Physicist discusses high-order harmonic generation at AAAS

February 17, 2013

One-billionth of a billionth of a second. That's the scale – an attosecond – at which scientists seek to image and control electronic motion in matter. Its natural time scale.

The principle of science was the focus of a Sunday (Feb. 17) symposium during the annual meeting of the American Association for the Advancement of Science. University of Nebraska-Lincoln Physicist Anthony Starace was among the speakers, presenting "High-Order Harmonic Generation, Attosecond Science and Control of ."

Starace, a George Holmes University Professor of Physics at UNL, reviewed current theoretical understanding of the "new frontier" of high-order harmonic generation and discussed the prospects for achieving the goals of attosecond science.

"Because electrons move on a scale of Angstroms (one ten-billionth of a meter), light pulses used to illuminate this motion must have high energies so that their de Broglie wavelength is sufficiently small to be able to resolve (or image) the electron motion," Starace said. "Also, because electrons move so fast, light pulses must have durations that are shorter than the typical time scale for electron motion."

De Broglie waves, a theory of , indicate how a wavelength is inversely proportional to the momentum of a particle.

Attosecond pulses are becoming the preferred future tools for imaging, visualizing and even controlling electrons in matter in their natural time scale. Attosecond research could eventually open new applications in a wide range of fields including nanotechnology and life sciences, based on the ultimate visualization and control of the of the electron.

Attosecond science evolved from advances in modern laser technology that allow generation of ultra-short light pulses, or high-order harmonic generation – Starace's area of expertise.

Starace joined seven other scientists to discuss "Attosecond Science in Chemical, , and Energy Science." The AAAS annual meeting was Feb. 14-18 in Boston.

Explore further: Scientists track electrons in molecules

Related Stories

Scientists track electrons in molecules

June 13, 2010

(PhysOrg.com) -- Physicists in Europe have successfully glimpsed the motion of electrons in molecules. The results are a major boon for the research world. Knowing how electrons move within molecules will facilitate observations ...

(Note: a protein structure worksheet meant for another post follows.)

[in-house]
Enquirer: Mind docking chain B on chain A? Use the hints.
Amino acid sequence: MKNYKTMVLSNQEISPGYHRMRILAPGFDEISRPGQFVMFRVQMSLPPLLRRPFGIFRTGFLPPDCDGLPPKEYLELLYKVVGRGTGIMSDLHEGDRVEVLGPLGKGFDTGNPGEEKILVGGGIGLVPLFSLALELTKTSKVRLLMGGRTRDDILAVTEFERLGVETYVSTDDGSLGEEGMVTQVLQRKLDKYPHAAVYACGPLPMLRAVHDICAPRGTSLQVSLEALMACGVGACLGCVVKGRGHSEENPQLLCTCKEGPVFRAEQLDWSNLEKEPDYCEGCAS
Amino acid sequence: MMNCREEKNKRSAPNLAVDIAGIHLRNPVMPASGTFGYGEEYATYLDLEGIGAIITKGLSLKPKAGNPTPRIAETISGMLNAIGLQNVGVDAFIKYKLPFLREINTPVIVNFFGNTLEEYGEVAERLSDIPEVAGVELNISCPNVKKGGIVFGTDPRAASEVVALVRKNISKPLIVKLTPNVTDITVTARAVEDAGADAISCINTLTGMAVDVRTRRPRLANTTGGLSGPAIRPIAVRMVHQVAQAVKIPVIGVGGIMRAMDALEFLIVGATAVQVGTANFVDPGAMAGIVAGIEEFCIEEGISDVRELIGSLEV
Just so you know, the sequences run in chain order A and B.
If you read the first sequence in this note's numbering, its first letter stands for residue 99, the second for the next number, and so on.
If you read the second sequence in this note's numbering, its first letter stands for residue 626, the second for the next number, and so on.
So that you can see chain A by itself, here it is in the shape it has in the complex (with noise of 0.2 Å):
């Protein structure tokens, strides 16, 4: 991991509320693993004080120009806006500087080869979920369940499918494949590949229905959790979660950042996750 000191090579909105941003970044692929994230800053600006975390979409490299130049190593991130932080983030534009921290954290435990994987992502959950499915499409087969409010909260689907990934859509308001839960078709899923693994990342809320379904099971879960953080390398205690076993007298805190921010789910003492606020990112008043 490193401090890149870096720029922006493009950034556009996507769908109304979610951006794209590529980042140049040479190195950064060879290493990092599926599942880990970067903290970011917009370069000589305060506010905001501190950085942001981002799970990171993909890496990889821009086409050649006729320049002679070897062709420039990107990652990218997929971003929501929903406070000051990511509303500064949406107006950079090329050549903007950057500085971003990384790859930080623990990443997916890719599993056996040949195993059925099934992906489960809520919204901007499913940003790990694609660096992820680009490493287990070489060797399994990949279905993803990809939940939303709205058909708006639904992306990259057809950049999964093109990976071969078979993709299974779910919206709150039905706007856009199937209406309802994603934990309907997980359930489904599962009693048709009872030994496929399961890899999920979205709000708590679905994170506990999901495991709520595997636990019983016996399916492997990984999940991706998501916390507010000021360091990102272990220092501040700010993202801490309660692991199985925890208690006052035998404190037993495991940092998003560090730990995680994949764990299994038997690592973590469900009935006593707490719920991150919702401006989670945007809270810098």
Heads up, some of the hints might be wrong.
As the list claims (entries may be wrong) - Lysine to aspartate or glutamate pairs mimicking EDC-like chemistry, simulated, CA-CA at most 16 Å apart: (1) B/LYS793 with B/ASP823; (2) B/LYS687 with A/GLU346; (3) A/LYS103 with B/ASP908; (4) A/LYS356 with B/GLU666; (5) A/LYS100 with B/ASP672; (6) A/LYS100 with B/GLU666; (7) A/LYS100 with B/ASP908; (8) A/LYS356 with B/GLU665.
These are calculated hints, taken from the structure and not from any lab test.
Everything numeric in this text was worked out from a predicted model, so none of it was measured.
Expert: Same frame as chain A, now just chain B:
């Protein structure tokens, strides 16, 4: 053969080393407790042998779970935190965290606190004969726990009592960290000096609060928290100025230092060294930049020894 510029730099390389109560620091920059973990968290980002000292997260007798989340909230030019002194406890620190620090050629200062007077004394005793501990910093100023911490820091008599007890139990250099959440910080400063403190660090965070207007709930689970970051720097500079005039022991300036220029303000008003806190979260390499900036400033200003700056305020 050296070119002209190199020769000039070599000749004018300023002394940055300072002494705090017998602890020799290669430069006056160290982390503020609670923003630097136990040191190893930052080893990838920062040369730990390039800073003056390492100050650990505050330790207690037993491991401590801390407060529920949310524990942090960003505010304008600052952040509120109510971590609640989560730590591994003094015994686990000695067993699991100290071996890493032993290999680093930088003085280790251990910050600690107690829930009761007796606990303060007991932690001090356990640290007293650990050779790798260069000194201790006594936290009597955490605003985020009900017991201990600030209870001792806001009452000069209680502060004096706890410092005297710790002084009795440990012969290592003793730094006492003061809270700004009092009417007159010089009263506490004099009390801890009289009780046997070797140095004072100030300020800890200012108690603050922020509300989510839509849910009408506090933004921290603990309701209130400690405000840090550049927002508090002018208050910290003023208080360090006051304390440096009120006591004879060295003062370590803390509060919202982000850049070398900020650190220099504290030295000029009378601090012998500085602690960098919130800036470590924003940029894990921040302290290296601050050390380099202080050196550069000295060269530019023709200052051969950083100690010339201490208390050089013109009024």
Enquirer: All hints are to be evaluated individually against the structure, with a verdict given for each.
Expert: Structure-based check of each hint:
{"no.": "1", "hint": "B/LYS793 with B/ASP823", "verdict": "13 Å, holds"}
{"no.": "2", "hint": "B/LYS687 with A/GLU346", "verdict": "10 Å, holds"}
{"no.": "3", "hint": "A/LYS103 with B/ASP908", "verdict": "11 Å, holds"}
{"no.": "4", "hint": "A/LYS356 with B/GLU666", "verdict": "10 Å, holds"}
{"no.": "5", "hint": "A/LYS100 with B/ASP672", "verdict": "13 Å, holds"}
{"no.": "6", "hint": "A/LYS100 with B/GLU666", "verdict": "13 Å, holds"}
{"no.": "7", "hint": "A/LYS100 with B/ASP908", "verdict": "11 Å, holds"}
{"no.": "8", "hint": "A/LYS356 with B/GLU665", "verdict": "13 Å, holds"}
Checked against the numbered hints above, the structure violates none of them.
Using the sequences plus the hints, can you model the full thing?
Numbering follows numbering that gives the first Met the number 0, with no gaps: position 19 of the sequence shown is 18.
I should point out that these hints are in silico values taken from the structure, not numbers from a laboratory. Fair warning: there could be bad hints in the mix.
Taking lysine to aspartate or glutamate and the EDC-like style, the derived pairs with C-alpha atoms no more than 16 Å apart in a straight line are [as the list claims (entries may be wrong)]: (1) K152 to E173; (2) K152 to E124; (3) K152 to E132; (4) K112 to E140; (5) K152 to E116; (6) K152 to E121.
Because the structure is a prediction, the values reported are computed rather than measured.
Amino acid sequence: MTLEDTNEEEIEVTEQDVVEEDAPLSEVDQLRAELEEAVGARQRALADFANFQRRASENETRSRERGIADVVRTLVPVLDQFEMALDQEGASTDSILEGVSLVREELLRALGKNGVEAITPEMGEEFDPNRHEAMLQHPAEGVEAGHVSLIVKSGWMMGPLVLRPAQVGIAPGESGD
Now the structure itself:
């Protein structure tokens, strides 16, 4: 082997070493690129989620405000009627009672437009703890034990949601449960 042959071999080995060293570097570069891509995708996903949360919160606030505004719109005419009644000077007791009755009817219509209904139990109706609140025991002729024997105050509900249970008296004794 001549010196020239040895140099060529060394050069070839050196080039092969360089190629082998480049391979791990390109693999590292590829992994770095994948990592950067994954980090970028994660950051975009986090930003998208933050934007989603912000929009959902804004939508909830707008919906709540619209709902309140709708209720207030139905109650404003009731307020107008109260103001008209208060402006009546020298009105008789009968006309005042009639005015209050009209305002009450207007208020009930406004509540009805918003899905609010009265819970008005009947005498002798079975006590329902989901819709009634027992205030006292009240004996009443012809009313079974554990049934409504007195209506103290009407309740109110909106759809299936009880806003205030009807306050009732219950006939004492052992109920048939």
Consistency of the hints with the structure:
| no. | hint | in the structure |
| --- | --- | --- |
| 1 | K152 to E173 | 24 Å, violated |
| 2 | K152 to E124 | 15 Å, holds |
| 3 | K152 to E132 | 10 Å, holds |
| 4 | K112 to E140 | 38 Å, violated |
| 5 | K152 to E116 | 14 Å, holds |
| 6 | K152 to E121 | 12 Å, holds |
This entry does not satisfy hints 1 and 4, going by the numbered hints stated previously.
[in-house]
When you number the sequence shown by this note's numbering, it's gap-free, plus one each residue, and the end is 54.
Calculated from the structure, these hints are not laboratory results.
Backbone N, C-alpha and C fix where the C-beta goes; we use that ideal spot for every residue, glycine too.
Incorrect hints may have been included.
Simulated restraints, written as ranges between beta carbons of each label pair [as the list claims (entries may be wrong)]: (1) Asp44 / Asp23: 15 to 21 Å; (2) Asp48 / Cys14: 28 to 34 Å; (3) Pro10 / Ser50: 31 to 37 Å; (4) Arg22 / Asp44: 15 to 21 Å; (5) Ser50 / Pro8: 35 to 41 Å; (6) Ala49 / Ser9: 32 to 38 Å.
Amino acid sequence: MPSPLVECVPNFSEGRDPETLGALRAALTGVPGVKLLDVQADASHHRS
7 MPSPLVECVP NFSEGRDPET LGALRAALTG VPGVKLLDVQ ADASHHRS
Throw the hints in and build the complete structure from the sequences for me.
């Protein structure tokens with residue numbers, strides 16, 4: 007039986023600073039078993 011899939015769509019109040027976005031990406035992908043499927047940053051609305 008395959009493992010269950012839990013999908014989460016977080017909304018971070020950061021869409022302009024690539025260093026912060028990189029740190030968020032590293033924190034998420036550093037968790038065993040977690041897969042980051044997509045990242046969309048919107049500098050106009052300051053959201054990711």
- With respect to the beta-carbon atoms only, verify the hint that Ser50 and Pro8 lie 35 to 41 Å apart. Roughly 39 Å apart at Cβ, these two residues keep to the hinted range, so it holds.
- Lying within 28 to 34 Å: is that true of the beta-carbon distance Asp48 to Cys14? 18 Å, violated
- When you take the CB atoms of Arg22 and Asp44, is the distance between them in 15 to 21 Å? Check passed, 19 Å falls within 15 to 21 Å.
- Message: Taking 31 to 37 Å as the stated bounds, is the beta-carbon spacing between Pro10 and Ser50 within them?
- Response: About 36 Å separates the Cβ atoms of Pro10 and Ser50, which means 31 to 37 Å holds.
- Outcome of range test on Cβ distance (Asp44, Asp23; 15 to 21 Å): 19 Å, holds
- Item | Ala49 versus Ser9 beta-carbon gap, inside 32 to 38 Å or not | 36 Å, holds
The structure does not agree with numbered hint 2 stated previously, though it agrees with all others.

Flashes of light out of the mirror

June 12, 2012

(Phys.org) -- A team of the Laboratory of Attosecond physics at the Max Planck Institute of Quantum Optics developed an alternative way of generating attosecond flashes of light. 

Recommended for you

Physicists create first photonic Maxwell's demon

February 12, 2016

(Phys.org)—Maxwell's demon, a hypothetical being that appears to violate the second law of thermodynamics, has been widely studied since it was first proposed in 1867 by James Clerk Maxwell. But most of these studies have ...

Einstein's waves: a 100-year odyssey

February 12, 2016

When Albert Einstein forged the bedrock theory of modern physics 100 years ago, he had no computer, no internet, no printer—ballpoint pens and pocket calculators did not exist and few homes had telephones.

Scientists glimpse Einstein's gravitational waves (Update)

February 11, 2016

In a landmark discovery for physics and astronomy, scientists said Thursday they have glimpsed the first direct evidence of gravitational waves, ripples in the fabric of space-time that Albert Einstein predicted a century ...

0 comments

Please sign in to add a comment. Registration is free, and takes less than a minute. Read more

Click here to reset your password.
Sign in to get notified via email when new comments are made.